Science China Life Sciences

, Volume 62, Issue 6, pp 725–733 | Cite as

Transplantation of adult spinal cord grafts into spinal cord transected rats improves their locomotor function

  • He Shen
  • Xi Chen
  • Xing Li
  • Ke Jia
  • Zhifeng Xiao
  • Jianwu DaiEmail author
Cover Article


Grafted embryonic central neural tissue pieces can recover function of hemisected spinal cord in neonatal rats and promote axonal growth in adults. However, spinal cord segments from adults have not been used as donor segments for allogeneic transplantation. Here, we utilized adult spinal cord tissue grafts (aSCGs) as donor constructs for repairing complete spinal cord injury (SCI). Moreover, to provide a favourable microenvironment for SCI treatment, a growth factor cocktail containing three growth factors (brain-derived neurotrophic factor, neurotrophin-3 and vascular endothelial growth factor), was applied to the aSCG transplants. We found that the locomotor function was significantly improved 12 weeks after transplantation of aSCGs into the spinal cord lesion site in adult rats. Transplantation of aSCGs combined with these growth factors enhanced neuron and oligodendrocyte survival and functional restoration. These encouraging results indicate that treatment of complete SCI by transplanting aSCGs, especially in the presence of growth factors, has a positive effect on motor functional recovery, and therefore could be considered as a possible therapeutic strategy for SCI.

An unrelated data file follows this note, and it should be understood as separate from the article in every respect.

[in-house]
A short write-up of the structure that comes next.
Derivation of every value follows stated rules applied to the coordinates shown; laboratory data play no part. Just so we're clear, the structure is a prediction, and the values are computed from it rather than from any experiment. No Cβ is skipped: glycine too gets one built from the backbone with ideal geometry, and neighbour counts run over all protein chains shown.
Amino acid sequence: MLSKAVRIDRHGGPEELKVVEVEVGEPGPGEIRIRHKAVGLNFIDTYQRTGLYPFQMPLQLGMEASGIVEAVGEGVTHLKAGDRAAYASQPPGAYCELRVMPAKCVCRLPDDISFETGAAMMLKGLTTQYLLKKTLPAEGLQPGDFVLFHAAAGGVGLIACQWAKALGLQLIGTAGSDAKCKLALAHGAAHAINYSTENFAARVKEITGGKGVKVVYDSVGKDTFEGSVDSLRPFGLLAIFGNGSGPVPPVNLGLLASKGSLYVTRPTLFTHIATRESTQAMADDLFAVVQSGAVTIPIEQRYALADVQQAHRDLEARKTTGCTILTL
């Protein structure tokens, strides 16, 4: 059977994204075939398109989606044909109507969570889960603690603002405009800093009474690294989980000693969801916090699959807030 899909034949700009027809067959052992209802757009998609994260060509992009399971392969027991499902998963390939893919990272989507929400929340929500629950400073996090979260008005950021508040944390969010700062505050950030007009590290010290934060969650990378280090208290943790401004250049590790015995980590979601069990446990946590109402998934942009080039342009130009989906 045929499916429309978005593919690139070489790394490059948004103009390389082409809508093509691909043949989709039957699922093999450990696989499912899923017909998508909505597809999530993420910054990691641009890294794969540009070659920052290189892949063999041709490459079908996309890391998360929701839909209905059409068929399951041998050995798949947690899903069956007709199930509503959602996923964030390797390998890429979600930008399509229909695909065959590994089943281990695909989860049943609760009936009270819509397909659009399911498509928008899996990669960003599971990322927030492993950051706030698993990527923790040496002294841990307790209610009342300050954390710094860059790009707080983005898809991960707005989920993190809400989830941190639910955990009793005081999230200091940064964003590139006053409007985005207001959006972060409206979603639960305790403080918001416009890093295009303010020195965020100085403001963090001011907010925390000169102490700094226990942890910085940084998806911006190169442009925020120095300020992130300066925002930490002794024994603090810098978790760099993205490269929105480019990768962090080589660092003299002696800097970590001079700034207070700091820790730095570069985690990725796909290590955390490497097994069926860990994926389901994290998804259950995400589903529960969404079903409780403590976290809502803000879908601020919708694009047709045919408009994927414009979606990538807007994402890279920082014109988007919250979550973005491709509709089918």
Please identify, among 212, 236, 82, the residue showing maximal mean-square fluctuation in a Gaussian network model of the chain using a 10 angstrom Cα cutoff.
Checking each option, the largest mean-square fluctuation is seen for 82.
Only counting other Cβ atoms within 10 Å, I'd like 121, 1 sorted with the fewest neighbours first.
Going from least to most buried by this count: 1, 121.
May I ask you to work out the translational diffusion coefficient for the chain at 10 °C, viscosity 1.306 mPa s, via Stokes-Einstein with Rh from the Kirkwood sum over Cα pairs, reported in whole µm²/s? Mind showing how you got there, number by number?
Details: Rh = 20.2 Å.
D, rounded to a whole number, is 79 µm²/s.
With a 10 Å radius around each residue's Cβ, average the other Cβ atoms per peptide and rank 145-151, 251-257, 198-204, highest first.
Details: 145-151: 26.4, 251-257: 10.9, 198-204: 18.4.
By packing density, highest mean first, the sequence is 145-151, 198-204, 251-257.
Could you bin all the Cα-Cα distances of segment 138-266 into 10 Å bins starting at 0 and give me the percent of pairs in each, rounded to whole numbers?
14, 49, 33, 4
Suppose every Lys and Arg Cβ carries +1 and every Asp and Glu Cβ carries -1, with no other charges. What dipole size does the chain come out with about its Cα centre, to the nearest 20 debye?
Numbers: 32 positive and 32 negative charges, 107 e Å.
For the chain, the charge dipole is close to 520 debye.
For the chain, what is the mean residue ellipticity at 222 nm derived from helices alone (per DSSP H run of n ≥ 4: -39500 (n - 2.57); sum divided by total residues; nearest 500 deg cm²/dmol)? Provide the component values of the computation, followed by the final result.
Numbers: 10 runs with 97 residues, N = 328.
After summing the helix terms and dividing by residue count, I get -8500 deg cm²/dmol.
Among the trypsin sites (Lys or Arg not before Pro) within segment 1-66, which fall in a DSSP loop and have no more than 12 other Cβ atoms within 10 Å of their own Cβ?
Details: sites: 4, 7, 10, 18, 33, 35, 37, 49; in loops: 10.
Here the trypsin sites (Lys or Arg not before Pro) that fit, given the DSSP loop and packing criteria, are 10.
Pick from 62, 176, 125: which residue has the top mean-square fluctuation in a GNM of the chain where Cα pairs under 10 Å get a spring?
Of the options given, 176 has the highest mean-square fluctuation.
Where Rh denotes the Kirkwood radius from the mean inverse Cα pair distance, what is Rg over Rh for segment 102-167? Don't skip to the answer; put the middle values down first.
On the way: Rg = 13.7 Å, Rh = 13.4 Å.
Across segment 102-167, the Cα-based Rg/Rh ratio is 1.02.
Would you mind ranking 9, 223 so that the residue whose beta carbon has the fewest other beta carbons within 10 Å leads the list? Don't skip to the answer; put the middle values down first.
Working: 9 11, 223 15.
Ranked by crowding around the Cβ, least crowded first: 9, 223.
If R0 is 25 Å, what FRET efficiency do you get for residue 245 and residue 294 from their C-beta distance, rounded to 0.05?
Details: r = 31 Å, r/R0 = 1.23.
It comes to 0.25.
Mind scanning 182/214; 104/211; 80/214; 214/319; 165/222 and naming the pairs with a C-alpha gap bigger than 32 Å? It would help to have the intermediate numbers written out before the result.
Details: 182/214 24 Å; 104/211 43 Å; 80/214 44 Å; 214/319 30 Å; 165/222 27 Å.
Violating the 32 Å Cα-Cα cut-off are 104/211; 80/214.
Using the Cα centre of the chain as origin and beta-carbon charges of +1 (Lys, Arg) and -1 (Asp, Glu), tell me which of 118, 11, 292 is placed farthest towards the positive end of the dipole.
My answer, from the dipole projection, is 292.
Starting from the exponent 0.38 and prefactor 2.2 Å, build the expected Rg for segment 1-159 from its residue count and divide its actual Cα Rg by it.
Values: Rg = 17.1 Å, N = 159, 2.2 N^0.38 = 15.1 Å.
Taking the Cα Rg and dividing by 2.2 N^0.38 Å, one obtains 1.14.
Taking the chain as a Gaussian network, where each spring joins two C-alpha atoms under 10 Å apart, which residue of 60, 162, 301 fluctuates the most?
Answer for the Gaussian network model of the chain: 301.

spinal cord injury (SCI) transplantation adult spinal cord grafts (aSCGs) function recovery adult host transection 



This work was supported by grants from the National Natural Science Foundation of China (81891002) and the Strategic Priority Research Program of the Chinese Academy of Sciences (XDA16020100).

Supplementary material

11427_2019_9490_MOESM1_ESM.docx (799 kb)
Transplantation of adult spinal cord grafts into spinal cord transected rats improves their locomotor function


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Copyright information

© Science China Press and Springer-Verlag GmbH Germany, part of Springer Nature 2019

Authors and Affiliations

  • He Shen
    • 1
  • Xi Chen
    • 3
  • Xing Li
    • 2
    • 4
  • Ke Jia
    • 3
  • Zhifeng Xiao
    • 2
  • Jianwu Dai
    • 1
    • 2
    Email author
  1. 1.Key Laboratory for Nano-Bio Interface Research, Division of Nanobiomedicine, Suzhou Institute of Nano-Tech and Nano-BionicsChinese Academy of SciencesSuzhouChina
  2. 2.State Key Laboratory of Molecular Developmental Biology, Institute of Genetics and Developmental BiologyChinese Academy of SciencesBeijingChina
  3. 3.Shigatse Branch, Xinqiao HospitalArmy Medical University (Third Military Medical University)ShigatseChina
  4. 4.Key Laboratory of Organ Injury, Aging and Regenerative Medicine of Hunan Province, Xiangya HospitalCentral South UniversityChangshaChina

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